“Shepherds of Israel,” Friend, Mar. 1989, inside front cover
Some years ago, it was my privilege to visit Morocco. As part of that trip, the group I was with traveled at high speed in five of the king’s limousines across the beautiful Moroccan countryside to see some ruins in a distant desert. As we topped the brow of a hill, we noticed that the limousine in front of us had pulled off to the side of the road.
An old shepherd, attired in long, flowing robes similar to those worn in the Savior’s day, was standing near the limousine, talking with the driver. I noted a small flock of fifteen or twenty sheep nearby. The king’s vehicle had struck and injured one of them, and the driver was explaining to the shepherd the law of the land. Because the king’s vehicle had injured the old shepherd’s sheep, he was now entitled to one hundred times its value. However, under the same law, the injured sheep must be slain and the meat divided among the people. My interpreter hastily added, “but the old shepherd will not accept the money. They never do.”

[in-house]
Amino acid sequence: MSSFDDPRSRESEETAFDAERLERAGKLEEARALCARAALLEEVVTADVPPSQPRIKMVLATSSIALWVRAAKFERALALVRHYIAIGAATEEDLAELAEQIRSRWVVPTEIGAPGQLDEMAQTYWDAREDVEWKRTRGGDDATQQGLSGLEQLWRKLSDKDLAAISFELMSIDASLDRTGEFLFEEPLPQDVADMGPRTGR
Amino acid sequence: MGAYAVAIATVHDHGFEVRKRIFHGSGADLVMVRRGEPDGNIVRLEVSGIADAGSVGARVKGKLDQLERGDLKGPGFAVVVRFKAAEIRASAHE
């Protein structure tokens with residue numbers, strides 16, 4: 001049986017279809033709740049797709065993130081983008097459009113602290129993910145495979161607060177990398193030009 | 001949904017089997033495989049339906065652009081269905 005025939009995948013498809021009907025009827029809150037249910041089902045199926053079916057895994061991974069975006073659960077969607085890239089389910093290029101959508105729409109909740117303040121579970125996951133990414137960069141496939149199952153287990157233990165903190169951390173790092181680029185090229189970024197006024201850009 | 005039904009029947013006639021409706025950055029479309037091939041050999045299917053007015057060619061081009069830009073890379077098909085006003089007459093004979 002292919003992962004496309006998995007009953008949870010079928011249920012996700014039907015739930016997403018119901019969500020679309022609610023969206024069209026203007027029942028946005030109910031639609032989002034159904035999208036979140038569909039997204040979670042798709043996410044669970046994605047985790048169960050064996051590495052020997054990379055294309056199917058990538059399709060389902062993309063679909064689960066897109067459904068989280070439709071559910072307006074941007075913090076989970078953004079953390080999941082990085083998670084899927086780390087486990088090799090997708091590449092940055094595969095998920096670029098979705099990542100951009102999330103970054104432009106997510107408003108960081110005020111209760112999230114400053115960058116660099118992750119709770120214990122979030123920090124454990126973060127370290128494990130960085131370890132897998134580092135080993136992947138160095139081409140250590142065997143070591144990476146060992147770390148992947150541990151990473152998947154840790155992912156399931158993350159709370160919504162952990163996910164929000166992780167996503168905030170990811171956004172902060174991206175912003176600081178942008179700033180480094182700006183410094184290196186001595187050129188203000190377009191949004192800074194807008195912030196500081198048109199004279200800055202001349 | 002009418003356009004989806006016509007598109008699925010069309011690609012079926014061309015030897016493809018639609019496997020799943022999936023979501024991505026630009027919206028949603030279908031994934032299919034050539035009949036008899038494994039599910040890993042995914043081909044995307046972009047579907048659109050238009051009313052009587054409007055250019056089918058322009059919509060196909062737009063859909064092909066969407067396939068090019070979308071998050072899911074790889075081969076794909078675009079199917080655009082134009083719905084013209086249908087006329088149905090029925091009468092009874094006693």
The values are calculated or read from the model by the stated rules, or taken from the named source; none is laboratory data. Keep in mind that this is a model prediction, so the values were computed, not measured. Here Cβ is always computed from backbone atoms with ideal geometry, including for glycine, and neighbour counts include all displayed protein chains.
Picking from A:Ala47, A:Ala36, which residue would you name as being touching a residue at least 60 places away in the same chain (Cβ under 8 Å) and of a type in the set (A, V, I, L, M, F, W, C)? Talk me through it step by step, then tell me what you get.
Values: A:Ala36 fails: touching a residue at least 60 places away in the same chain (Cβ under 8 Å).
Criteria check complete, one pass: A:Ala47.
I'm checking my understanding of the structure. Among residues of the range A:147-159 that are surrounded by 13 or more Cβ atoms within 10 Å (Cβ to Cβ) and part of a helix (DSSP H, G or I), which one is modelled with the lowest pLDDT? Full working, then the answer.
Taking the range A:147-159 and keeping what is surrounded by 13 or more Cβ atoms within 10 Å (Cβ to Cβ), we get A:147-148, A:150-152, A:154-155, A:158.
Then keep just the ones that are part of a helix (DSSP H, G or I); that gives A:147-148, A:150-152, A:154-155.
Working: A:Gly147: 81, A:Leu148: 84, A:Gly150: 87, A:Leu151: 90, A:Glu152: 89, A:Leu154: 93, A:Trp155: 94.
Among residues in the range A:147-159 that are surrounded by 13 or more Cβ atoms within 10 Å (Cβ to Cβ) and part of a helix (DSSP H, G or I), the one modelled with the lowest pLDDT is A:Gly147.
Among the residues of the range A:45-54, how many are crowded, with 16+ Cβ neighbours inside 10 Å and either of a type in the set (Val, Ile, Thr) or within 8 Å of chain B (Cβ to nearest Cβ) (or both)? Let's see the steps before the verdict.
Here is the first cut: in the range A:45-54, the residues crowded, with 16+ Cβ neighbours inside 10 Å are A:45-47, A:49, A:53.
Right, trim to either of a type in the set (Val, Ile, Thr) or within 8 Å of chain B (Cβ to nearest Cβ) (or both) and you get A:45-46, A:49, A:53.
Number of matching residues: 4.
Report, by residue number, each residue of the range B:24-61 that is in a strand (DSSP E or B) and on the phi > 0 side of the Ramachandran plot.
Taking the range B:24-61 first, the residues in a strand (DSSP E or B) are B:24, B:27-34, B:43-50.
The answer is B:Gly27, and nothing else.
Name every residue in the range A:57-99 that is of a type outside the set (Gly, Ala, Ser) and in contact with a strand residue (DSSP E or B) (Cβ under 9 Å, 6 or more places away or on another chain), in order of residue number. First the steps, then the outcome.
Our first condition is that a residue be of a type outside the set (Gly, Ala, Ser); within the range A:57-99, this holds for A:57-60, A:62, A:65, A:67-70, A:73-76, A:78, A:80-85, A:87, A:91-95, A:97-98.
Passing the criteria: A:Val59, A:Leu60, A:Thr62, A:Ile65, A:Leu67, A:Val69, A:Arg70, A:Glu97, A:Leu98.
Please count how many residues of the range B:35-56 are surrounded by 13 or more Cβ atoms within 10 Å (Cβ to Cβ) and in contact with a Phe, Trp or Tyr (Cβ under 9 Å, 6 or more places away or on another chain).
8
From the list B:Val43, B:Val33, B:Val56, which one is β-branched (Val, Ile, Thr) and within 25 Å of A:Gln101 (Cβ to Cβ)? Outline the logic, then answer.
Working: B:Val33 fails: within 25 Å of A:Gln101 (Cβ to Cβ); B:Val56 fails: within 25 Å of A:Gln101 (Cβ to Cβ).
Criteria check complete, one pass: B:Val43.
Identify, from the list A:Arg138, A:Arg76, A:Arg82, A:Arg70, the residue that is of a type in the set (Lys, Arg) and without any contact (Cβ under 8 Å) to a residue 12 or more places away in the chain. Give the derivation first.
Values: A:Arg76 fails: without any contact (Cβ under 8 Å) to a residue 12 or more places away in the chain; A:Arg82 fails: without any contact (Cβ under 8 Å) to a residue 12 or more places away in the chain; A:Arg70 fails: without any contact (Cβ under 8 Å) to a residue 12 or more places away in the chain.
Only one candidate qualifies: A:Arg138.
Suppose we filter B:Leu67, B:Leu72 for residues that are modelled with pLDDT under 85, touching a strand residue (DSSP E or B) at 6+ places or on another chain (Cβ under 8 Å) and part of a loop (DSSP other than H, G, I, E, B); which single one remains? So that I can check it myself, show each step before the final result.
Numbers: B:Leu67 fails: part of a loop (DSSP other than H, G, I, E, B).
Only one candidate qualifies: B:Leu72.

Startled, I asked him why.
“It’s because of his love for each of his sheep,” he explained.
It was then that I noticed the old shepherd reach down, lift the injured lamb in his arms, and place it in the large pouch on the front of his robe. He kept stroking its head, repeating the same word over and over again. When I asked the meaning of the word, I was informed that “he was calling it by name. He is their shepherd, and good shepherds know each of their sheep by its name.”
There can be no greater example of a good shepherd than Jesus Christ. He knows each of us by name. He suffered for us because He wanted to provide a way for us to return to Him and to Heavenly Father. In return, we can be good shepherds by loving those around us, being good examples to them, and doing all that we can to help them return to Heavenly Father.